Panel Discussion: Underground Treasures from NYRB Comics

NYRB Classics have become both "design objects and totems of intellectual status," as the New York Times put it. I have friends who collect the paperbacks and house them all together on a single shelf, their colorful unadorned spines forming a pleasing visual pattern that features prominently in their social media posts and as their Zoom backgrounds. I'm also an NYRB superfan: I've been meaning to write this column for a few months now, but I got distracted reading The Go-Between by L.P. Hartley and Varieties of Exile by Mavis Gallant, both NYRB Classics. While NYRB's originals imprint has recently gotten some attention after The Netanyahus by Joshua Cohen won the Pulitzer Prize and Benjamín Labatut's When We Cease to Understand the World was featured on Obama's Summer 2021 Reading List, the cult following for this publisher in the bookish corners of the Internet doesn't seem to include NYRB's comics imprint, NYRC. Here are some NYRC titles that deserve some attention:

The Green Hand and Other Stories by Nicole Claveloux, translated from the French by Donald Nicholson-Smith, introduction by Daniel Clowes (New York Review Comics, $22.95, 9781681376684)

In the introduction to The Green Hand by Nicole Claveloux, Daniel Clowes writes that until the graphic novel was translated from the French for NYRC, he'd technically never read her work. And yet, the drawings he saw in Heavy Metal magazine decades ago had such a profound grip on him that he feared the newly translated work "could only diminish the mysterious power of her images." Evidently, this wasn't quite true. The translation allowed him, he wrote, to enter the "fearless, inward-focused [world of] artistic self-assurance and intensely felt clarity of vision" that Claveloux and her collaborator Edith Zha had created. Their work is vivid, dreamlike, and funny in a way that is surely felt but maybe not easily explained. Demented facial expressions drawn with painstaking shading and visual non sequiturs fill the pages of this newly translated underground comic, and I've been searching eBay for Claveloux prints since I finished.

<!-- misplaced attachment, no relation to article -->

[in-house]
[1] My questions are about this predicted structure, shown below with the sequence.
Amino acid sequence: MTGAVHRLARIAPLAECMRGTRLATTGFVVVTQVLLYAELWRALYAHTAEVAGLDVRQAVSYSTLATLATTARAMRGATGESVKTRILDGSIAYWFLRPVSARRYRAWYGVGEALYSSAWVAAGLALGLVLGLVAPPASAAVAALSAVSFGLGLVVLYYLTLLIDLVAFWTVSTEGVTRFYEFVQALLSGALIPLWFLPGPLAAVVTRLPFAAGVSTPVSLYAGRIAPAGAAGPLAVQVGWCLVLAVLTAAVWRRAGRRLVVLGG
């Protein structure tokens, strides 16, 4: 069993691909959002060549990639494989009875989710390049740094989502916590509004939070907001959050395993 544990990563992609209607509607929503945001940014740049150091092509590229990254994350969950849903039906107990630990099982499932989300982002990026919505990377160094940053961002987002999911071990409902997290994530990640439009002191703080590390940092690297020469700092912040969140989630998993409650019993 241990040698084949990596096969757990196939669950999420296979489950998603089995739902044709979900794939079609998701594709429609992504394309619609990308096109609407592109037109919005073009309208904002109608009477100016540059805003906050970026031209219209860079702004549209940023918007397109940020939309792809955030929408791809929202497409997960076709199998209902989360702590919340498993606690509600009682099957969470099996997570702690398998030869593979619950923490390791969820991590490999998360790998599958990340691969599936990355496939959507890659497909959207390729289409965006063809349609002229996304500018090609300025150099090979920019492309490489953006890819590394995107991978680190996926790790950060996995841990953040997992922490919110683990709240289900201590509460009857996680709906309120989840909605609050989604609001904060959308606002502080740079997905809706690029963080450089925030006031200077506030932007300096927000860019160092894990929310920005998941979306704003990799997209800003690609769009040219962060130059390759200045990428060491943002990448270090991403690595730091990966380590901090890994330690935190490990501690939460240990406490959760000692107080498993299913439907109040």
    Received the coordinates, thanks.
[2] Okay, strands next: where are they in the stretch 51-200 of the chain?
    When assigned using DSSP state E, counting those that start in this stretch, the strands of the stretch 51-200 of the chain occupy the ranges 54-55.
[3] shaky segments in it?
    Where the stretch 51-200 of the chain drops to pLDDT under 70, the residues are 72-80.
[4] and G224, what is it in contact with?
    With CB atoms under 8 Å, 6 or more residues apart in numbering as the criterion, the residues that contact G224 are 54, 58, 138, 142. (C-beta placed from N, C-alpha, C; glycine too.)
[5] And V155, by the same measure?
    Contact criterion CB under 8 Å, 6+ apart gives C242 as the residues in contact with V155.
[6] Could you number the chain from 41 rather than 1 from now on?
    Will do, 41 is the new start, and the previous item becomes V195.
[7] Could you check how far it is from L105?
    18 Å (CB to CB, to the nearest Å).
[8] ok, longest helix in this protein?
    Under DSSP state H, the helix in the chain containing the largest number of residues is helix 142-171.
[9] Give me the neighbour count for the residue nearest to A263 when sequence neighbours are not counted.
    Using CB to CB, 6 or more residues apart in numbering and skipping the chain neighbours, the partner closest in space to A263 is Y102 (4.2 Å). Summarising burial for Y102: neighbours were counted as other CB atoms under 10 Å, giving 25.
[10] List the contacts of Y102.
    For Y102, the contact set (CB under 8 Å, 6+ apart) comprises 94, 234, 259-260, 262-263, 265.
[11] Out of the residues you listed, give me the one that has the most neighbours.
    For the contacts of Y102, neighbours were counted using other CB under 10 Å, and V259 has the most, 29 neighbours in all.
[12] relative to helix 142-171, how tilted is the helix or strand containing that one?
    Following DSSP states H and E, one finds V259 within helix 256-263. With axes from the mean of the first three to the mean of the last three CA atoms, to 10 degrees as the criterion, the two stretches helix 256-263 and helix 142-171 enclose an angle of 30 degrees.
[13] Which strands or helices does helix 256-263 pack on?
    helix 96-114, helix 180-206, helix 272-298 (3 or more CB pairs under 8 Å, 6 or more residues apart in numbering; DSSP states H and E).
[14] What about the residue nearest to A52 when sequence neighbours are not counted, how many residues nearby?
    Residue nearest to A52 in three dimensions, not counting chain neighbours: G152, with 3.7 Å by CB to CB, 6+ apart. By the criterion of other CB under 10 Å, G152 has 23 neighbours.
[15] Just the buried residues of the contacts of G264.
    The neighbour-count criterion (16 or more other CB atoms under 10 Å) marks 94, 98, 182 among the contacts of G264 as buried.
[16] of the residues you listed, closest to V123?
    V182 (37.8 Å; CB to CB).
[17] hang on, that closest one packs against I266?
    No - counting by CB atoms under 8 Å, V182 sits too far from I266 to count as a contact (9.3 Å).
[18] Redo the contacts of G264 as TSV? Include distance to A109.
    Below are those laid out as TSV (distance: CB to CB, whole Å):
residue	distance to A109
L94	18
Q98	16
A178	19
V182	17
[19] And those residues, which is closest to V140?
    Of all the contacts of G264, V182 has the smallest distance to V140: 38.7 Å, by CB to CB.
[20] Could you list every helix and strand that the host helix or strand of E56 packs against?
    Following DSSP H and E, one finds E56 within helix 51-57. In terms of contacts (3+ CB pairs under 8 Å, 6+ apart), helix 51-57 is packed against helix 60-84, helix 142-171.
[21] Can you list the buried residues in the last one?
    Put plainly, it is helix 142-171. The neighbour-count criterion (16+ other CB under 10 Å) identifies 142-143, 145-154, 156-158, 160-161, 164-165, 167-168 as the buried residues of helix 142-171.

How to handsell: An adult Alice in Wonderland, this surrealist graphic novel has bracing colors and features a depressed human-sized crow in a bowler hat.

Almost Completely Baxter: New and Selected Blurtings by Glen Baxter (New York Review Comics, $22.95, 9781590179857)

Even more so than The Green Hand, the non sequitur is the engine behind Glen Baxter's work in Almost Completely Baxter: New and Selected Blurtings. Those who follow Baxter's delightful Instagram are familiar with his style: single panels depicting curious scenes that seem like they have been pulled from a longer story mid-plot. While Baxter's Wikipedia describes his work as belonging to the genre of "literary nonsense," I think a better way of describing him is as a pioneer of flash fiction. His methodically neat crayon drawings paired with one-liners demonstrate an incredible economy of storytelling that most New Yorker cartoonists surely aspire to.